In the US, schools are suing social media over classroom discipline issues
In the US, lawyers are persuading school boards to file lawsuits against social networks, arguing that their apps cause mental health problems, disciplinary problems in classrooms and distract from learning. This is reported by The Wall Street Journal.
Nearly 200 school districts across the country have joined the lawsuits against the parent companies that own Facebook, TikTok, Snapchat and YouTube.
Their lawsuits are joined in U.S. District Court in Oakland, California, along with hundreds of lawsuits from families who say social media is harming their children.
The lawsuits face a “trial” later this year. First, the judge is expected to consider the technology companies’ motions to dismiss the cases on the grounds that the conduct that allegedly caused the harm is protected by Section 230.
This Section is part of legislation passed by Congress in 1996 that provides that Internet companies generally are not responsible for content posted on their sites by third parties.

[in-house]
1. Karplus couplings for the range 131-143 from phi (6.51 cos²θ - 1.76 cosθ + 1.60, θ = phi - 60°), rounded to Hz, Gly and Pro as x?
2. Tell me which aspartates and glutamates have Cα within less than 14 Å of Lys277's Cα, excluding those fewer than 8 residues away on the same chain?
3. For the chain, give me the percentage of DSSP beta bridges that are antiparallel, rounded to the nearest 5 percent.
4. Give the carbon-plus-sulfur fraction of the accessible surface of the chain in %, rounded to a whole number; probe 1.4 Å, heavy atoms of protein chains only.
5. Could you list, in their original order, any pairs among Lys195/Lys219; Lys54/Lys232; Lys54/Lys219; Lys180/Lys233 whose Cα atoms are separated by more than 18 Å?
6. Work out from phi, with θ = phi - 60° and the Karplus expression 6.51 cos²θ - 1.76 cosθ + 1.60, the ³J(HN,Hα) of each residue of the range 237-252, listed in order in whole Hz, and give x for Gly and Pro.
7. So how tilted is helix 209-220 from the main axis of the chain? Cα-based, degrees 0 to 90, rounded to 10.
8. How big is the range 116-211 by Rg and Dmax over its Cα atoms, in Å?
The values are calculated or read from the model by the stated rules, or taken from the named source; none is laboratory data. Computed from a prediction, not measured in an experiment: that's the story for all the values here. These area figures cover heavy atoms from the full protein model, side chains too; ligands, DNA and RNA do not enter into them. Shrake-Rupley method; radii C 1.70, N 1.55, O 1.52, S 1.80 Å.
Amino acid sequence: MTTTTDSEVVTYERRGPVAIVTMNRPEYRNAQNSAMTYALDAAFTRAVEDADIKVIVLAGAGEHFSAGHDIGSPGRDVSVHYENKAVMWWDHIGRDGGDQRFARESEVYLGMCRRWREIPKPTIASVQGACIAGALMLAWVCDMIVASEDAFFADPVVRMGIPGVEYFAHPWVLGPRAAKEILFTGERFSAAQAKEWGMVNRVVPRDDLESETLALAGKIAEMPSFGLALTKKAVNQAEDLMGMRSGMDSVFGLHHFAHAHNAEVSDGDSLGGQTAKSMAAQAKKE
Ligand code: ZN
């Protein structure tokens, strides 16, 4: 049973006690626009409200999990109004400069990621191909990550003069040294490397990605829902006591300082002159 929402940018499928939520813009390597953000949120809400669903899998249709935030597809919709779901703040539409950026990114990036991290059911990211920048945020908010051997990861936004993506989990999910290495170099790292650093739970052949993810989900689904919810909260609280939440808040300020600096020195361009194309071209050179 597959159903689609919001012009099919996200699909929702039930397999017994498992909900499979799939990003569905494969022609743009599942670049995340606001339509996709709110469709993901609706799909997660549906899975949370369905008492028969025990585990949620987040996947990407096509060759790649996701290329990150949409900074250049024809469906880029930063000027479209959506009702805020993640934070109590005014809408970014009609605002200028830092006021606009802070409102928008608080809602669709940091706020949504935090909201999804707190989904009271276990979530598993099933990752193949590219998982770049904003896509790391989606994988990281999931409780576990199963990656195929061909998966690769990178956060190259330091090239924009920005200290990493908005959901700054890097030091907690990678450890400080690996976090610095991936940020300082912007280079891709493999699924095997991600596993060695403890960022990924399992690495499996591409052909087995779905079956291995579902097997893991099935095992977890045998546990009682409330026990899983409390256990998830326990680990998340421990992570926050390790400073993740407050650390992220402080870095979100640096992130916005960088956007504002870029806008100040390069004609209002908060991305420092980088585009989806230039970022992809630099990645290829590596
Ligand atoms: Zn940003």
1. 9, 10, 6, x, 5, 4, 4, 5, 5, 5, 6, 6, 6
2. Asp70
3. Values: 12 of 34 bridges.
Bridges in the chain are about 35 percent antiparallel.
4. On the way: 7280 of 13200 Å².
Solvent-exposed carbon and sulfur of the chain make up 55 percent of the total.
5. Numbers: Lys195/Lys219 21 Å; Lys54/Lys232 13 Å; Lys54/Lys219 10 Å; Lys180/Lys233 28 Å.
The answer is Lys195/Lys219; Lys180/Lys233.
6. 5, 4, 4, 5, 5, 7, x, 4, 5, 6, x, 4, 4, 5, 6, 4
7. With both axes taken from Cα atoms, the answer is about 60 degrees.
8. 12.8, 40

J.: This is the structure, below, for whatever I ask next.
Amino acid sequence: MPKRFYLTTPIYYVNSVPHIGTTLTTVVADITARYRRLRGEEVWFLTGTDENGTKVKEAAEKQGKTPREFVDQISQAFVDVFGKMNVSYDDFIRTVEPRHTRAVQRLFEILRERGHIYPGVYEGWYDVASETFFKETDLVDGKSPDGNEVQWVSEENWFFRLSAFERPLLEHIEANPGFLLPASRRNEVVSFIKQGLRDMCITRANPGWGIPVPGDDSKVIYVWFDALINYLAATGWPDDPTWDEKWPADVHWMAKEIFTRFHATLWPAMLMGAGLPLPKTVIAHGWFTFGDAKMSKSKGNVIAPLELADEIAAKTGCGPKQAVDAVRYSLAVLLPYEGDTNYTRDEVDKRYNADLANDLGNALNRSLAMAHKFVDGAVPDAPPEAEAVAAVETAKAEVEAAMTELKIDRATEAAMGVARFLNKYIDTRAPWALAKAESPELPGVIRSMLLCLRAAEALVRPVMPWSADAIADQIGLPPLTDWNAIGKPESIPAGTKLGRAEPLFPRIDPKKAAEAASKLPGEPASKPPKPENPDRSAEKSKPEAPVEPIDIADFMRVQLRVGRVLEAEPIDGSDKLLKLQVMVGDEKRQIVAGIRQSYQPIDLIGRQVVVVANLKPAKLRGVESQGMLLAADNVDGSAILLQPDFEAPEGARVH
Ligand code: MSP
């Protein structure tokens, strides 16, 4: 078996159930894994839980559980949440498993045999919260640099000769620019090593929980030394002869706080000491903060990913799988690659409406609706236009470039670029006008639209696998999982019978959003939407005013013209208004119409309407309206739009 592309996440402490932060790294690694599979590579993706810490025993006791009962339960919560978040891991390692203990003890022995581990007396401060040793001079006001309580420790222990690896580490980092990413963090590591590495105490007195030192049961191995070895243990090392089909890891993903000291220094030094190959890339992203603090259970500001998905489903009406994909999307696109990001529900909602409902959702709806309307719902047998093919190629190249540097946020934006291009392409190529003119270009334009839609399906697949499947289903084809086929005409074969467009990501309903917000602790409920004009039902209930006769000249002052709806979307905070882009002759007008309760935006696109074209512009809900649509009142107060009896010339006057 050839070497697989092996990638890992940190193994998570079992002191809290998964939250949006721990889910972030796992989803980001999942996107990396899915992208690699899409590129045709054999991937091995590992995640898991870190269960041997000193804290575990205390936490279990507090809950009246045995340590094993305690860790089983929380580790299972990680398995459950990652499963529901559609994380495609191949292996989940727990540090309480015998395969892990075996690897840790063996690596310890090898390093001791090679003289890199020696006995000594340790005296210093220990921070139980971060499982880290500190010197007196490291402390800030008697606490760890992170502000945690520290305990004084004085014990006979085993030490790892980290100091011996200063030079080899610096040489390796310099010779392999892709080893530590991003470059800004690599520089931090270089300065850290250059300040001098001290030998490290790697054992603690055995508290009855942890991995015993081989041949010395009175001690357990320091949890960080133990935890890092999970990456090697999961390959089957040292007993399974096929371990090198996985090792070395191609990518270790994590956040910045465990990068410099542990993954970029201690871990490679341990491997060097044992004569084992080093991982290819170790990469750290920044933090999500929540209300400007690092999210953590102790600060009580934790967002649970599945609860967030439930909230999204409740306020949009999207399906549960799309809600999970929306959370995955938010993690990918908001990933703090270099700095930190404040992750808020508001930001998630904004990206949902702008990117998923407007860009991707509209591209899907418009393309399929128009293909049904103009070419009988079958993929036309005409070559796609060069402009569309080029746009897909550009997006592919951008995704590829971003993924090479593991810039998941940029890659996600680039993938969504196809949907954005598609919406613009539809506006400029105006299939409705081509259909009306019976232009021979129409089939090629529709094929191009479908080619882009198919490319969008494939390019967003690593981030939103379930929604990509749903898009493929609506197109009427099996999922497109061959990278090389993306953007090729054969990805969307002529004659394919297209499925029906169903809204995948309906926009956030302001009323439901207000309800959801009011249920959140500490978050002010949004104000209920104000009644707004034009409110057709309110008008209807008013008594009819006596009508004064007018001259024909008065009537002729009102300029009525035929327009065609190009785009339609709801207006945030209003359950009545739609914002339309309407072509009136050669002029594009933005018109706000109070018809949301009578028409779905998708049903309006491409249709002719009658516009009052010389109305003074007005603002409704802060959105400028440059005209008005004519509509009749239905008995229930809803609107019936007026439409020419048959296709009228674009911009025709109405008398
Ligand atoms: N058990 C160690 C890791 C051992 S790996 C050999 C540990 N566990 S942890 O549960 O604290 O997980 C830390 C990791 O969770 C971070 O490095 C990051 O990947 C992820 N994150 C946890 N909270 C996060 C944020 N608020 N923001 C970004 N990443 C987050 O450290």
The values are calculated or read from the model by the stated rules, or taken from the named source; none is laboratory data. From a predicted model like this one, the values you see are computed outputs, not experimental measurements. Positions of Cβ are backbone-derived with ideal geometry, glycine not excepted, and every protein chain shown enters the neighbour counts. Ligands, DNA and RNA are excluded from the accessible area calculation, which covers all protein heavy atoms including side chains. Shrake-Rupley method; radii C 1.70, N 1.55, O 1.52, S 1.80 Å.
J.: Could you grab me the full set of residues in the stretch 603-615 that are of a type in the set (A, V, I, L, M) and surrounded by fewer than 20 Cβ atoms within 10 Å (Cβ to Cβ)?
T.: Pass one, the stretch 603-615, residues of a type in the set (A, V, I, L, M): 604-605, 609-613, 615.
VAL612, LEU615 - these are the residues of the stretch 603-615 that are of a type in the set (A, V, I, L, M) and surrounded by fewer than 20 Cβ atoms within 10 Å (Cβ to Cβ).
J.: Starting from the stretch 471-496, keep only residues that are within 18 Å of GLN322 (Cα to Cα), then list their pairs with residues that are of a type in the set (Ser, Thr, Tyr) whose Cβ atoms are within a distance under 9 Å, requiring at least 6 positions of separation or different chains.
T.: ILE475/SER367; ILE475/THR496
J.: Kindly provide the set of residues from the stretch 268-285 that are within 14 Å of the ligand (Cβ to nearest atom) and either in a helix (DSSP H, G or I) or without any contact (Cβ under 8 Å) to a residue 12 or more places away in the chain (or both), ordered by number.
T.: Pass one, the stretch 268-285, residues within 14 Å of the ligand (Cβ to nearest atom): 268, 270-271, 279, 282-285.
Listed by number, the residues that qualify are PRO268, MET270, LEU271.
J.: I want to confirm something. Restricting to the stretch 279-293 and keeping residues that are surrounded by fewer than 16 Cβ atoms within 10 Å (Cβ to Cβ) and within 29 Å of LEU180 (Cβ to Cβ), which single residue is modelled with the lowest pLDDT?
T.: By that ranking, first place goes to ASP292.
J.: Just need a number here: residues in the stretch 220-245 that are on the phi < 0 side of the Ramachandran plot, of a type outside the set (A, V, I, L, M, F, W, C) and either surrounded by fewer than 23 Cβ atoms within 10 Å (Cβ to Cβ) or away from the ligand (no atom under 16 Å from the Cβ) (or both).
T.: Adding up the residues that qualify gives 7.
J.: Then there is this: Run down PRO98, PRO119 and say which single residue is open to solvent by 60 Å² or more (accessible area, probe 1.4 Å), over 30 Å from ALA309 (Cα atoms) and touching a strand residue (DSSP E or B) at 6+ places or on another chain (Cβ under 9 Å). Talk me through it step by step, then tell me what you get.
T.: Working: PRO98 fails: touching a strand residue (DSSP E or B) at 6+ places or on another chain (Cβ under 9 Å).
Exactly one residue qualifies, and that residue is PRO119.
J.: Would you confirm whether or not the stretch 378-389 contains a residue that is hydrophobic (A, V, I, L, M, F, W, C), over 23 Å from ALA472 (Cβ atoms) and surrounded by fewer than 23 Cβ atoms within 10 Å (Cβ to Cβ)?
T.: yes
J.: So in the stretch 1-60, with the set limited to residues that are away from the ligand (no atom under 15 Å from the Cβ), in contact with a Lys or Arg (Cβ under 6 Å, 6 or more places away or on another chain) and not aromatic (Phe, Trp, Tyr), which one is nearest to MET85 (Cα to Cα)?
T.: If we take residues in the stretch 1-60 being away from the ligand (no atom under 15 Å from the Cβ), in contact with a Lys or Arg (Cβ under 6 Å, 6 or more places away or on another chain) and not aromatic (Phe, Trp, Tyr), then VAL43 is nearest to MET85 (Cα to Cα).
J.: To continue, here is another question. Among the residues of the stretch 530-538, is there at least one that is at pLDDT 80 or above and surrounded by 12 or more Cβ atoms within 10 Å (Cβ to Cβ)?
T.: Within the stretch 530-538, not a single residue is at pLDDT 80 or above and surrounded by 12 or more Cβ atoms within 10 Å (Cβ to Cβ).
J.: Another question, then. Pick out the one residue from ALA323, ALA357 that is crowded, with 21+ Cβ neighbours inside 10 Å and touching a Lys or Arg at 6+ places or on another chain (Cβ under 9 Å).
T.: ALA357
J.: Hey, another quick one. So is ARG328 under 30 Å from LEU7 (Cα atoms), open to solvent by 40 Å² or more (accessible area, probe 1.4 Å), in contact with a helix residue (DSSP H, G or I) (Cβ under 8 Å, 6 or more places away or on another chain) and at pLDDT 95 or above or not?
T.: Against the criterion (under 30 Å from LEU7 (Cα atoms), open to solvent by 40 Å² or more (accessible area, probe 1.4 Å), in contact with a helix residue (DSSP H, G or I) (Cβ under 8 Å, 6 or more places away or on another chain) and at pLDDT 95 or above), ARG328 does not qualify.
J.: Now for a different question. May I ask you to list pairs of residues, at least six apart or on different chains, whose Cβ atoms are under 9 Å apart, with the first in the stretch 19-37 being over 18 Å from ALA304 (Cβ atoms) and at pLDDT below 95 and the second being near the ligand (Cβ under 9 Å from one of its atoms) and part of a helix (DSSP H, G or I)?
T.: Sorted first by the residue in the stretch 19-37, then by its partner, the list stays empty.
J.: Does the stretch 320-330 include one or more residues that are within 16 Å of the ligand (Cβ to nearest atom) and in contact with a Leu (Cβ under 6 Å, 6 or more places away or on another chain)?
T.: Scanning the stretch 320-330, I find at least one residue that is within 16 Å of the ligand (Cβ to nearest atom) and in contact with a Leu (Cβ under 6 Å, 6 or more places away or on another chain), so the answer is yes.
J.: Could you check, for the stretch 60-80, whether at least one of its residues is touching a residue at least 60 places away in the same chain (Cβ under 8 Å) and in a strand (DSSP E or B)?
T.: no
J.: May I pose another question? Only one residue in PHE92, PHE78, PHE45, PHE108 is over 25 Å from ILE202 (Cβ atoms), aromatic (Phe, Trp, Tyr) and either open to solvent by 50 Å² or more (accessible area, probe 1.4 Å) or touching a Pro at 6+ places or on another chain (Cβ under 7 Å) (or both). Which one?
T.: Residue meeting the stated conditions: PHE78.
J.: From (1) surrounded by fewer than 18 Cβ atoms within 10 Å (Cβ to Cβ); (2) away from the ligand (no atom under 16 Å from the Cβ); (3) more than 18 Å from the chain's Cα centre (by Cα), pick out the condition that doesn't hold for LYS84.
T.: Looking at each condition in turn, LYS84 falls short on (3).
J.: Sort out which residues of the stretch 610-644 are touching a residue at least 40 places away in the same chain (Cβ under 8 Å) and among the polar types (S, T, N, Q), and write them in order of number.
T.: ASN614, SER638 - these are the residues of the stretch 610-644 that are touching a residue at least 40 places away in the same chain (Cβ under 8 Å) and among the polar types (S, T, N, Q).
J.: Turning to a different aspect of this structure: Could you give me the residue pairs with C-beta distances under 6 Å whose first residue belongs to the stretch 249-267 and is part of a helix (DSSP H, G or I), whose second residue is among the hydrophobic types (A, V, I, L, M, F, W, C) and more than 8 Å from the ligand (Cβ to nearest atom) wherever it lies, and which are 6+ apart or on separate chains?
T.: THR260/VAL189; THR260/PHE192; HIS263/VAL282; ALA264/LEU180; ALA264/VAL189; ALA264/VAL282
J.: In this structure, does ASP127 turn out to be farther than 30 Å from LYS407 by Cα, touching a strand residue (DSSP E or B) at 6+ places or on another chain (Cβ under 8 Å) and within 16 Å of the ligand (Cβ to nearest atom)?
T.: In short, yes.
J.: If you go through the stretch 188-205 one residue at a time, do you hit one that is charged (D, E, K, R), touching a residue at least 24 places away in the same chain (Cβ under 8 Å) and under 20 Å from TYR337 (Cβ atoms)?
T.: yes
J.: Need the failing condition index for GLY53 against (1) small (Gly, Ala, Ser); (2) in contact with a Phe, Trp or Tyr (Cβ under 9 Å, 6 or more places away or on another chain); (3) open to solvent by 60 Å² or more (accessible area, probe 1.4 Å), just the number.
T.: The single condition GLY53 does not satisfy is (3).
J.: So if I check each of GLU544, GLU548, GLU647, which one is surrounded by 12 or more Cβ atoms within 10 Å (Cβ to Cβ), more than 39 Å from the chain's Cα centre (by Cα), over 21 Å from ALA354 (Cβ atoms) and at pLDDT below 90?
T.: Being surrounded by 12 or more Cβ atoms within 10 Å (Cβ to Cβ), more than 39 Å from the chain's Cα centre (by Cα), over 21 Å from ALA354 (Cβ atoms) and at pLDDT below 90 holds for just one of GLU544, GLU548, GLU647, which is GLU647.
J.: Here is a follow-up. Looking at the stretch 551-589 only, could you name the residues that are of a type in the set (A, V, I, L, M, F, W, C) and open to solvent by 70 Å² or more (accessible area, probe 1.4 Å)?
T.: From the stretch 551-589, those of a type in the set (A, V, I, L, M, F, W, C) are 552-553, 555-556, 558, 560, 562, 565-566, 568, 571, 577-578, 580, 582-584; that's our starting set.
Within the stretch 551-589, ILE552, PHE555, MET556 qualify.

The current litigation is an attempt to circumvent said Section. In the lawsuits, school districts and families allege that social media has created a product that is addictive and promotes destructive content to young people, and that a product, unlike content, is not protected by Section 230.
Note that there are over 13,000 school districts in the US. So the number of claimants could potentially continue to grow.
By the way, parents in the Irish town of Greystones united and collectively told their children that they cannot have smartphones until they graduate from high school.